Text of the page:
This political movement has two big concerns:
  1. Making sure that all public policy and judicial acts are science-based or at least scientifically informed and not explicitly counter to what we know to be true.
  2. Getting more funding for scientific research, while maintaining the political independence of science.

(Libertarian atheists are skeptical that 2 is realistic, i.e. that you can maintain political independence while getting state funding, but they are a small and inconsequential force within the atheist movement. Although a big chunk of libertarians are atheists, a small chunk of atheists are libertarian.)

As such, atheism, as a political movement that targets mainly the relatively ignorant, can be seen as the political branch of the scientific community. If you’re looking at it this way, you will understand better the pissed reactions of various atheists towards Richard Dawkins – it’s not so much that they disagree with him on substantive grounds, including the inherent incompatibility of religion and science, they disagree with him on strategic grounds. Adopting such a confrontational approach may be a bad political strategy as far as the two goals above are concerned. To succeed at those goals it might be better for the bulk of the population to think that science and religion are compatible, even if they are not.

Frankly, I don’t know what my own position is about this, but each time I see some atheist pissed at Richard Dawkins, this is what I think is really going on – a call for politically savvy hypocrisy.

23 June 2013

The Great Stagnation and over-regulation

The Great Stagnation is the slowdown in economic growth and median wages in United States since the mid-1970s. From Tyler Cowen's book:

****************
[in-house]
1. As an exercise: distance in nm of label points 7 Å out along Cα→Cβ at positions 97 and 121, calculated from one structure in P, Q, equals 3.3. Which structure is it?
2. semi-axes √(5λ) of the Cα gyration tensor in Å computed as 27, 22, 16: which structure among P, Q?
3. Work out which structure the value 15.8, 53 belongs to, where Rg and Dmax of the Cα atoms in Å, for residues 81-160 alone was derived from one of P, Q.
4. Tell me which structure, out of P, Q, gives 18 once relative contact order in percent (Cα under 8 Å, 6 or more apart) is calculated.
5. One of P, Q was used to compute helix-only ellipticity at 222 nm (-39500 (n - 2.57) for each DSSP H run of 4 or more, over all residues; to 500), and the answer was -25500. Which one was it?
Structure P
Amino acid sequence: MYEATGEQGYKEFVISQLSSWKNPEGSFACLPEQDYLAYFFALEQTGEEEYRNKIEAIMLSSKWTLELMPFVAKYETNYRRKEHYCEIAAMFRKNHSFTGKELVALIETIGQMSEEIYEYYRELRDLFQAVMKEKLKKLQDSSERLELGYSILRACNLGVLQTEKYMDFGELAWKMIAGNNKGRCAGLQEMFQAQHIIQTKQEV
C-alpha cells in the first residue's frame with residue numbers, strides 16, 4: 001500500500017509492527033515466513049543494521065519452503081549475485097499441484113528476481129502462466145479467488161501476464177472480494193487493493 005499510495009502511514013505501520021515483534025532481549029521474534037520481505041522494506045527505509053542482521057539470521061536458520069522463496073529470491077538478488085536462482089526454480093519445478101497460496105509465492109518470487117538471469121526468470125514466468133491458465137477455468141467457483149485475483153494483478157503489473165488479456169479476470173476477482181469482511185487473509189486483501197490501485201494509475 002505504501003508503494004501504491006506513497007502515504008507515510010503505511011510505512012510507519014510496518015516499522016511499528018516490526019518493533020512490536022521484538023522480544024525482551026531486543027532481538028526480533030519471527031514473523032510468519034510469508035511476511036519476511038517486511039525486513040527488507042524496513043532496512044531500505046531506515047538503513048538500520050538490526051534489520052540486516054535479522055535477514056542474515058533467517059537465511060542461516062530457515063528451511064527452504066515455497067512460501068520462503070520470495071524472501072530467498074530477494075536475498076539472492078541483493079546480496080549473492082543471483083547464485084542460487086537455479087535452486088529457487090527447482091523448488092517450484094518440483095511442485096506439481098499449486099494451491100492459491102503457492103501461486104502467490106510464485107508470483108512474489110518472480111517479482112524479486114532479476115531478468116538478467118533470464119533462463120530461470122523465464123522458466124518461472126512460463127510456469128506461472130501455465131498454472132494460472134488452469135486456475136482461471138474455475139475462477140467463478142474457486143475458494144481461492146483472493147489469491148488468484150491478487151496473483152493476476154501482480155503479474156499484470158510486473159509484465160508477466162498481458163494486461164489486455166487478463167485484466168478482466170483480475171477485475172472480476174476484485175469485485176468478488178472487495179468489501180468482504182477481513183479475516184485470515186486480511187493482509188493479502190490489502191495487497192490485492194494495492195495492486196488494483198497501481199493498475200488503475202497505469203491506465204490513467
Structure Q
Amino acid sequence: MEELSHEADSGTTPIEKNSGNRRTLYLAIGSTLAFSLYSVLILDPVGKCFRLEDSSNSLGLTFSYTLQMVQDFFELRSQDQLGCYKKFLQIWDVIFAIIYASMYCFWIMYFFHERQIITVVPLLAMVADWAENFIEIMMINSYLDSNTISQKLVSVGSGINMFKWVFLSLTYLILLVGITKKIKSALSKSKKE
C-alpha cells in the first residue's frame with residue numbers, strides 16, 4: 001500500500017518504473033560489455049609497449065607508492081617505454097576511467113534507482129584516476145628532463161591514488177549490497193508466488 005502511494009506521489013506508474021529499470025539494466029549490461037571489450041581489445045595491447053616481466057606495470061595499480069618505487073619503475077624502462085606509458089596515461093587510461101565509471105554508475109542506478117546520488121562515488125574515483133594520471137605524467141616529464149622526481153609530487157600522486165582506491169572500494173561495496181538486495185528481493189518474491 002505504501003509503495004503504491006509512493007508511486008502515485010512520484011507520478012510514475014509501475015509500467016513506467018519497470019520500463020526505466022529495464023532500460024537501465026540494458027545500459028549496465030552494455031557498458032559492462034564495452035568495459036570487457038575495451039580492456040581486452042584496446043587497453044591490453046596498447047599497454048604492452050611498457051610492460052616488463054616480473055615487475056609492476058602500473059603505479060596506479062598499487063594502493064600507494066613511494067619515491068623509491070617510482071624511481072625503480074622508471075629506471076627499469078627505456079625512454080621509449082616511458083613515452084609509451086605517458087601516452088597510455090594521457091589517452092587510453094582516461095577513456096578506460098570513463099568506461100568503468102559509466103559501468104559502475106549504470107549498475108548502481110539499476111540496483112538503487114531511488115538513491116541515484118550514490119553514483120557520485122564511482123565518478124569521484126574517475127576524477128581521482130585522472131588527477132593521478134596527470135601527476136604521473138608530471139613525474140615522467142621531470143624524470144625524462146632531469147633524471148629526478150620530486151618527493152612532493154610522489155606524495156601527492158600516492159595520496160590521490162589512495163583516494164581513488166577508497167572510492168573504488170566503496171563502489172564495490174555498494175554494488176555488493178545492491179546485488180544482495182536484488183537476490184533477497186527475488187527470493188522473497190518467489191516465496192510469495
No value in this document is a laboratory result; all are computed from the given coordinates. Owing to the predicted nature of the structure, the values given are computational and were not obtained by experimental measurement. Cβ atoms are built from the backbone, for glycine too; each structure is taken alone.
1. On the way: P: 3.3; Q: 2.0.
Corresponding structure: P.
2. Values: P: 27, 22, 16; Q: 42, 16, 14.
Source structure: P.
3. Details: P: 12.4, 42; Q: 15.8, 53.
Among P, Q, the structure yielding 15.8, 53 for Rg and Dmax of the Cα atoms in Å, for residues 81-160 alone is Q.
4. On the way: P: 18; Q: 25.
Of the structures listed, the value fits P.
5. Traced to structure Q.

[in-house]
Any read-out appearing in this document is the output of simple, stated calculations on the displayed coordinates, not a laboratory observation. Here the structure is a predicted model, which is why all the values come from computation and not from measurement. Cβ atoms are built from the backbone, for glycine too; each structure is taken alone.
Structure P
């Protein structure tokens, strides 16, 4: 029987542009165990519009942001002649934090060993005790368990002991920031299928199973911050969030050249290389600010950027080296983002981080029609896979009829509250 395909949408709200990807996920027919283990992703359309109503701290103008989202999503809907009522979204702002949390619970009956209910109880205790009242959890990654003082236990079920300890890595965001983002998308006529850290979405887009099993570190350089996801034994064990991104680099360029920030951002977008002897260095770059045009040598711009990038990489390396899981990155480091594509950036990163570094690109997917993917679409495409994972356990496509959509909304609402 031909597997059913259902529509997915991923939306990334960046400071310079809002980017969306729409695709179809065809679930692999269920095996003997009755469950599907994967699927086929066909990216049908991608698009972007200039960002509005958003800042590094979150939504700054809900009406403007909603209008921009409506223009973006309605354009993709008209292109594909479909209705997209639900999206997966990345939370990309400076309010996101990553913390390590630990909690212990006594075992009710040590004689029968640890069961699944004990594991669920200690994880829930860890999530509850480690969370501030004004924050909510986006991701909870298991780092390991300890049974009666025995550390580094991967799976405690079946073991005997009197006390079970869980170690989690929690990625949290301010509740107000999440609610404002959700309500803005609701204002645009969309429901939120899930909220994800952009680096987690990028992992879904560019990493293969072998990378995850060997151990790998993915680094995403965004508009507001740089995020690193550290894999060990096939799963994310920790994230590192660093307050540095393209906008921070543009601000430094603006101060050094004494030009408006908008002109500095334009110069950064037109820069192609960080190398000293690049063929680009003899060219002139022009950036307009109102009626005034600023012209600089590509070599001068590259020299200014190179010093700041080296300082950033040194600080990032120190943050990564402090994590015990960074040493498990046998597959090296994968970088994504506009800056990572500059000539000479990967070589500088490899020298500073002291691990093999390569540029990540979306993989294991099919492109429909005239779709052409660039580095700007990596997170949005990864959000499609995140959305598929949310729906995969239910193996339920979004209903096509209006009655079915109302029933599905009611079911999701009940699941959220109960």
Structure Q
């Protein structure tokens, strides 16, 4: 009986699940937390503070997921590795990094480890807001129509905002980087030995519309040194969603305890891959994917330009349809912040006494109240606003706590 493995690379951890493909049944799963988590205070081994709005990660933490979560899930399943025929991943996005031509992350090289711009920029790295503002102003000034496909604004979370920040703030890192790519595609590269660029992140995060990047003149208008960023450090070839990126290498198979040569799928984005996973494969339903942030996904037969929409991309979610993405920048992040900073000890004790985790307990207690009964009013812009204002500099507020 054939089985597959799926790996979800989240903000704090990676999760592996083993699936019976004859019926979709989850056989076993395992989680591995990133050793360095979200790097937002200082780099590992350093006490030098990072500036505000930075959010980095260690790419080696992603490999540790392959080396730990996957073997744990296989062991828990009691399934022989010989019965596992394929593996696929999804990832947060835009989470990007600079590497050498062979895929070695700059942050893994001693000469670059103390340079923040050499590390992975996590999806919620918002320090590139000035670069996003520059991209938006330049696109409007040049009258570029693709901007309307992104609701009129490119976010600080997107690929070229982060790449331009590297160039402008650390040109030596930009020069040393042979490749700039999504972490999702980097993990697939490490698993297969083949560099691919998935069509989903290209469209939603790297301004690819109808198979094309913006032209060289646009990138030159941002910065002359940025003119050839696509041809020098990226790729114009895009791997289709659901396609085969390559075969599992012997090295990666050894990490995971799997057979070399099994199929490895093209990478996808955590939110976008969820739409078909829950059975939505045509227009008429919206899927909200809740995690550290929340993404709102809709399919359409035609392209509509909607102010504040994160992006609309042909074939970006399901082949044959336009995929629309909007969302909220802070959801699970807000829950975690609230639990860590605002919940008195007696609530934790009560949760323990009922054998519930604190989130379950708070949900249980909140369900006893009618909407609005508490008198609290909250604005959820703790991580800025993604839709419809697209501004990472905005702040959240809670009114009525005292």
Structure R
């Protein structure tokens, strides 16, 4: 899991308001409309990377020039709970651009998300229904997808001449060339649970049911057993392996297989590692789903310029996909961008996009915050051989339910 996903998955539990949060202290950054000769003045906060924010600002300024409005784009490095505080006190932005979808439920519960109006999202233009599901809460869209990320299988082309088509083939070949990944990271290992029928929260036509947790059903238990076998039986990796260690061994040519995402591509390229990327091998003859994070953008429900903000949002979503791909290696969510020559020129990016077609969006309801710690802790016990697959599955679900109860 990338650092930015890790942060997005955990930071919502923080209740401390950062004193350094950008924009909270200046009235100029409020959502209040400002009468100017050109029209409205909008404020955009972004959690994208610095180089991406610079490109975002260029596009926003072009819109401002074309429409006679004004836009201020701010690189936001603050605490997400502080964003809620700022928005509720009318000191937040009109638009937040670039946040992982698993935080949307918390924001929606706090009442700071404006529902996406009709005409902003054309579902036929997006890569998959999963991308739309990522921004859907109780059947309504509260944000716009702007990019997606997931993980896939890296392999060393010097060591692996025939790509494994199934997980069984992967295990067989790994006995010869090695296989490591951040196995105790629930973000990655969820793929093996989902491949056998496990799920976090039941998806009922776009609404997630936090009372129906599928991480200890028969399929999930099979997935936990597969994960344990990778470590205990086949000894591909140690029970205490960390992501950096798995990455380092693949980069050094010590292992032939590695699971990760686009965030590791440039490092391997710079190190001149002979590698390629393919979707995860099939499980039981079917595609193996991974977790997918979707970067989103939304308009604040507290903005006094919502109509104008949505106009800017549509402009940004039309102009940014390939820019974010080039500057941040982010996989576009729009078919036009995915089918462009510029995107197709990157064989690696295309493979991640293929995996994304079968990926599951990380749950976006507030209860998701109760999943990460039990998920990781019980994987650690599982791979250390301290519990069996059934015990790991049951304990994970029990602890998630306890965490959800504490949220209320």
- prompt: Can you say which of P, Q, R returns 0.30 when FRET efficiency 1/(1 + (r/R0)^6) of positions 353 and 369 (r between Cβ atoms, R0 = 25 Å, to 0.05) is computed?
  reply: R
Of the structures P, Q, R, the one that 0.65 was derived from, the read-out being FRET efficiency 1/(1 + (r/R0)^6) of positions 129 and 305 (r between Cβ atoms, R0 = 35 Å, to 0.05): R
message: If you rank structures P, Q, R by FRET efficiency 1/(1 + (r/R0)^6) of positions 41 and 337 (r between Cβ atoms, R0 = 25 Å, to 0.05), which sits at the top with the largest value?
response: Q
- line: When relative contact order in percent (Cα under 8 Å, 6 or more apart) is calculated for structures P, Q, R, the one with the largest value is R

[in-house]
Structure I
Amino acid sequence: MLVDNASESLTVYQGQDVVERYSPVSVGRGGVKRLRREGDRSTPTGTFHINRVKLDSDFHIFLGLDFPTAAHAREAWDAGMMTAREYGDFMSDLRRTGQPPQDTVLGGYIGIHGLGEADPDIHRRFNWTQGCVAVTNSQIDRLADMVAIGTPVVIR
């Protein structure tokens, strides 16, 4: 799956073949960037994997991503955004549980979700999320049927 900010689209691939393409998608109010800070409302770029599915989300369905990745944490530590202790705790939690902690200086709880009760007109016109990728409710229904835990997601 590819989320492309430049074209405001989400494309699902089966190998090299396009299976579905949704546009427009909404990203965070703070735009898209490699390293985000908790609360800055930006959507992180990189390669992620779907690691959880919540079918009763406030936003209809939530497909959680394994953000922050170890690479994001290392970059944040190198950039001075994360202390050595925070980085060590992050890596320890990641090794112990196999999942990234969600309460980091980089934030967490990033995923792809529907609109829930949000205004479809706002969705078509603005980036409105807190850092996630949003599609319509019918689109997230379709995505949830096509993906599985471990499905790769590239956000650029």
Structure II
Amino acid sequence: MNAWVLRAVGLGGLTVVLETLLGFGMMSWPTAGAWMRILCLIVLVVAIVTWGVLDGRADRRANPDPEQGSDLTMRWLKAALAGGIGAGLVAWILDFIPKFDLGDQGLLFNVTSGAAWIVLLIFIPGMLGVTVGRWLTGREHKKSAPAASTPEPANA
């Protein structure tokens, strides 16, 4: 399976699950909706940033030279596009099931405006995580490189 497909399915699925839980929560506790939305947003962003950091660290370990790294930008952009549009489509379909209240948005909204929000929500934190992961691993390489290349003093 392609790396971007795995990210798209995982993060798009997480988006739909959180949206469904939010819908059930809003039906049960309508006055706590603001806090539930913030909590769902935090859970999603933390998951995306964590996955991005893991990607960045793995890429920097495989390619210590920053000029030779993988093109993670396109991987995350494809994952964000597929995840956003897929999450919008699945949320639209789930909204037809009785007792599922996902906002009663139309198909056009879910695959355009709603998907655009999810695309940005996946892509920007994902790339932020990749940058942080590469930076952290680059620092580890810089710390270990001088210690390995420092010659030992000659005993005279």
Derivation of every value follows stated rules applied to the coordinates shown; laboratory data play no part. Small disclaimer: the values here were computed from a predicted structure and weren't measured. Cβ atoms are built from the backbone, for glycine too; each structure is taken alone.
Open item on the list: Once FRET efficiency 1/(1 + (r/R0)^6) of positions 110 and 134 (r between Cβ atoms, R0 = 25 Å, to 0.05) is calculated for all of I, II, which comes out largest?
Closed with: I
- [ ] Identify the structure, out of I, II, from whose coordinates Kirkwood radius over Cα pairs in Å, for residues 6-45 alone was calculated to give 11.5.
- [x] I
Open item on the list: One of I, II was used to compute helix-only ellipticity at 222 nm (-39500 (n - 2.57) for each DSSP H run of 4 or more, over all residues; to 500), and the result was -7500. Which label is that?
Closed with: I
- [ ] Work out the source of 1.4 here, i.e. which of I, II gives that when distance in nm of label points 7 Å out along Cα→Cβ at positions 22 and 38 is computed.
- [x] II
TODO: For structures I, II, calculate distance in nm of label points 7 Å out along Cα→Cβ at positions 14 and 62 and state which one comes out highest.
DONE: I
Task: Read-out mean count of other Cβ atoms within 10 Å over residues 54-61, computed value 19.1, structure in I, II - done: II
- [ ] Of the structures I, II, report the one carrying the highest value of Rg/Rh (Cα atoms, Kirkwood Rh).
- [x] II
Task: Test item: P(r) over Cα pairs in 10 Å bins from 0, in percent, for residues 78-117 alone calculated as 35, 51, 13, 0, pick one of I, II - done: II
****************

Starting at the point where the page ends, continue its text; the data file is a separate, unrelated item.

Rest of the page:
The proximate explanation is a slowdown in productivity:

But why did this slowdown in productivity occur?

John W. Dawson and John J. Seater argue that a big part of the explanation is regulation. From their paper, "Federal Regulation and Aggregate Economic Growth" [PDF] in the Journal of Economic Growth:

Their explanation, including why there is a lag in the slowdown:

Figure 9 shows the effect of regulation on TFP’s trend.  The effect is negative throughout the sample period, but increases in regulation actually decrease this negative effect on TFP’s trend through about 1980.  This suggests that, to the extent that regulation contributed to the productivity slowdown, it must have occurred through cyclical rather than trend effects.  The combined trend and cyclical effects of regulation can be obtained by constructing the counterfactual series which shows the level of TFP had regulation remained at its 1949 level.  Figure 10 shows the change in the ratio of actual TFP to counterfactual TFP.  As with output, there is an initial point artifact.  Ignoring that, we see that the change in the ratio is about zero in 1965 and then becomes increasingly negative until about 1980.  After that, the change rises sharply and is positive in some years through the late 1990s, after which it falls again. Throughout the 1965-1980 period the change is negative, indicating a persistent negative effect of regulation on TFP during the infamous productivity slowdown.

Their counterfactual:

(reason's cover of the paper.)

21 May 2013

*The Rule of the Clan: What an Ancient Form of Social Organization Reveals About the Future of Individual Freedom*

This is one of the best political philosophy books that I've read in a long time. While authors like Nozick and Buchanan accept the normative ideal of a purely contractual society, but reject anarchy out of practical considerations, Mark Weiner accepts the practical viability of anarchy, but contests the value of its normative ideal. His argument is basically this:

1. A purely contractual society rests on individual property rights being defined. Without this prerequisite, there cannot be voluntary exchanges and contracts.